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Ticks are dangerous bloodsuckers, but humans are wrong choices for arachnids
Some people are bitten by ticks more often than others, which are rarely or not at all affected by the arachnids. What is the reason for this has so far been a mystery. Experts suspect that the smell plays a role in this. However, contact with a human usually has little advantage for the tick. If she gets into heated rooms, she will very likely die after a short time.
The smell may play a major role for ticks. Ticks normally react to three different stimuli in a host animal: heat, movement and chemotactic factors, which mainly include fragrances, explains Christine Klaus from the Friedrich Loeffler Institute (FLI) in Jena to News agency "dapd". Although the tick is not dangerous per se, it can transmit serious diseases such as TBE brain inflammation or Lyme disease, so vigilance is always required. While there are vaccinations against TBE, only precautionary measures such as wearing long trousers and tick-repellants protect against Lyme disease. Ticks have been around for many centuries, reports Klaus, a scientist at the National Reference Laboratory for Tick-borne Diseases at the FLI. "You have to come to terms with the ticks as with any other risk."
As a rule, contact with humans is not advantageous for ticks. If they get into the human home, they die quickly due to the lack of humidity. "Humans are a wrong decision for the tick," explains Klaus. Likewise, contact with pets, which could also be infected with Lyme disease and TBE, is often fatal to ticks for similar reasons.
Ticks survive harsh winters In order to survive, the arachnids need high humidity, sufficient host animals for their blood meal, which include hedgehogs, foxes, mice and other forest mammals, as well as certain temperatures. Ticks survive frost down to minus 20 degrees. However, their activity only increases from five to six degrees plus.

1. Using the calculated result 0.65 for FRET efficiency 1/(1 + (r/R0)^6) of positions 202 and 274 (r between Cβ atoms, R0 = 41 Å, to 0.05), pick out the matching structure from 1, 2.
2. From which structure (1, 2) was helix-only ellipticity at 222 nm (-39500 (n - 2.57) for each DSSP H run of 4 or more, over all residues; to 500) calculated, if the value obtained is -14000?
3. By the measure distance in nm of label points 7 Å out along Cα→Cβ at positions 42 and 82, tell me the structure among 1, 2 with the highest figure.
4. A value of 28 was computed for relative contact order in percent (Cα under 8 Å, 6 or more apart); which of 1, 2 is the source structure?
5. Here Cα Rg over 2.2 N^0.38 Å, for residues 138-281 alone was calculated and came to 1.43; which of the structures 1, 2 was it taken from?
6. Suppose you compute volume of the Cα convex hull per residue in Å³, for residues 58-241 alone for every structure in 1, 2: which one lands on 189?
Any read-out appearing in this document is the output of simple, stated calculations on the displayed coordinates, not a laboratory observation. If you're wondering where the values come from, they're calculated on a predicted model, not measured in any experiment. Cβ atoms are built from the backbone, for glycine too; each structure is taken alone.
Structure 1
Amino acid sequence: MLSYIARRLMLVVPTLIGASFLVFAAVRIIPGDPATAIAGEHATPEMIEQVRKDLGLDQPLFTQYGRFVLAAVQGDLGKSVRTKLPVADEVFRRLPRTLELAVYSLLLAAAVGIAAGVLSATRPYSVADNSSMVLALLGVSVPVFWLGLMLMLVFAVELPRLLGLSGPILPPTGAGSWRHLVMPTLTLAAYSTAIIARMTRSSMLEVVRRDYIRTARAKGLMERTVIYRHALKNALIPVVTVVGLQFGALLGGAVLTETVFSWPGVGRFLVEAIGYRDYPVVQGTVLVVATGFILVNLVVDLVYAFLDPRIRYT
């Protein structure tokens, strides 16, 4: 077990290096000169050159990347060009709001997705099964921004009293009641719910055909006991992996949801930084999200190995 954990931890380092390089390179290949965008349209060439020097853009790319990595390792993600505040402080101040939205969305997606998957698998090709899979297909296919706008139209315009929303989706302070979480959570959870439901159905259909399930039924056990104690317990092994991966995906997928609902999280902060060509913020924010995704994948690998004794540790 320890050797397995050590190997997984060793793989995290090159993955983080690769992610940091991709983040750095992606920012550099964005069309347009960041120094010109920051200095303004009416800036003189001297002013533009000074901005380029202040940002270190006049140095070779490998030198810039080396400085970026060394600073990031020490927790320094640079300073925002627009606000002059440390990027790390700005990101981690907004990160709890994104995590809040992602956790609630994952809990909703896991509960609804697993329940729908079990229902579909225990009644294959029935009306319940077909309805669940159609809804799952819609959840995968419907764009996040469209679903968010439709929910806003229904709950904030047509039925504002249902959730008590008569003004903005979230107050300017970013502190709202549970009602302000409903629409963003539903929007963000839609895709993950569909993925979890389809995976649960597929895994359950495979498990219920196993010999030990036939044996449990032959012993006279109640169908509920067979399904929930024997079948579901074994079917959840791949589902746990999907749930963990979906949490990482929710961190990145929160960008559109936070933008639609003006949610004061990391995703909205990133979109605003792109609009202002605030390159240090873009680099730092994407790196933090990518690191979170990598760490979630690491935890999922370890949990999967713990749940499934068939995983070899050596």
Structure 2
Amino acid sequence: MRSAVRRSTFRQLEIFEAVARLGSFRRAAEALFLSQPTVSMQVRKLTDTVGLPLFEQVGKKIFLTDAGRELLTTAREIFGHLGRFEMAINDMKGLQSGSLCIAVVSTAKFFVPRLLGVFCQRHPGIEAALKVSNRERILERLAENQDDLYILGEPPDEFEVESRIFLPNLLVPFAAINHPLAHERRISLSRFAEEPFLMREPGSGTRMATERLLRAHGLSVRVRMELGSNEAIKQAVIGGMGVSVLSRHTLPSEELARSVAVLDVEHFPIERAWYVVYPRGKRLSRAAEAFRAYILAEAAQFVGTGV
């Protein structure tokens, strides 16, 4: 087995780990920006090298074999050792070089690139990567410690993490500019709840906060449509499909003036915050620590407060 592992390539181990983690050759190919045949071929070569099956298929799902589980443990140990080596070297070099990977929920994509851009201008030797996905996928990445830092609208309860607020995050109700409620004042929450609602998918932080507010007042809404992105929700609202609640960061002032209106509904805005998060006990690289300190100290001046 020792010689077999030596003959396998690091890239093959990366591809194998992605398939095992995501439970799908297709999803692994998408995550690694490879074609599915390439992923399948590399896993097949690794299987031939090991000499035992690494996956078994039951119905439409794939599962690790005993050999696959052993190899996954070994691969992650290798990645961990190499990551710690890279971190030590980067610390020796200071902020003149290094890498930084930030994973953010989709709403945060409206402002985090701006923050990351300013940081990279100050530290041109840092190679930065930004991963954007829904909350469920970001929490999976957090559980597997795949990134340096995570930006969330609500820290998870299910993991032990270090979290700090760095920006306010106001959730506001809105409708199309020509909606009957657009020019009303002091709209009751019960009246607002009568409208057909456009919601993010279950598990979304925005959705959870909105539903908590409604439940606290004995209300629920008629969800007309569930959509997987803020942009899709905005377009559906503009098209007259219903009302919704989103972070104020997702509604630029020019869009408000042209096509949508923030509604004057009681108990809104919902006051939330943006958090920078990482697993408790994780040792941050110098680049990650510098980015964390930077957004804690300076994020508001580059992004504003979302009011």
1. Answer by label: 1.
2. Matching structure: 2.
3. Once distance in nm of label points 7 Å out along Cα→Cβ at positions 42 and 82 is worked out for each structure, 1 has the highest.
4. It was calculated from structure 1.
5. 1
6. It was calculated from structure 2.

The Robert Koch Institute (RKI) has identified certain risk areas for the TBE pathogen. These include above all Bavaria, Baden-Württemberg and some regions in southern Hesse, Thuringia and Rhineland-Palatinate. Susanne Glasmacher, spokeswoman for the RKI, explains that the number of TBE diseases has remained relatively stable in recent years. 432 people became infected in 2005 and 546 in 2006. In 2007 there were 239 victims and in 2008 289 cases were registered. 313 diseases occurred in 2009. In 2010 and 2011, 260 and 423 people contracted TBE, respectively.
Since Lyme disease is not a notifiable disease in most of the federal states, there are no precise figures for this disease. Between 2004 and 2010, 4,000 to 6,000 cases of Lyme disease were reported to the RKI in eastern Germany. However, experts assume that the number of unreported cases is much higher, since the disease, which usually affects the nervous system, is often diagnosed late.
No vaccination against Lyme disease While there is a vaccine against TBE, there is no vaccine against Lyme disease. It is estimated that five to 40 percent of ticks can be affected by Borrelia. An existing infection also does not protect against new infections.
Klaus cautiously rejects the rumor that ticks have spread due to climate change. Such a statement cannot be clearly made. According to Swedish studies, it may have spread northwards. Scientists from the Czech Republic discovered the arachnids at a height of 1000 meters. Klaus adds that there is no reliable data from previous years. Therefore it could not be clearly determined whether the total number of ticks had increased.
Precautions to protect against ticks Against tick bites, according to Prof. Dr. Ute Mackenstedt, head of the first Southern German “Tick Congress”, recommends body-covering clothing with tight cuffs on the legs, socks and sleeves. Walkers could also pull their socks over their pants to prevent the tiny bloodsuckers from having access to free skin. After a stay in the open air or a trip into nature, the entire body should be thoroughly searched for ticks, the expert advises. If a tick is attached to the body, remove it as quickly as possible to reduce the risk of infection. Only a few pathogens can be transmitted within the first 24 hours after the bite. Tweezers or tick pliers are used to remove the arachnids. With the widely used supposed home remedies such as glue or oil to suffocate the animal, the expert says that the desired effect cannot be achieved here. In this way, the risk of infection is only increased, since the ticks empty their stomach contents into the puncture wound and, as a result, more bacteria and viruses get into the human body. (ag)
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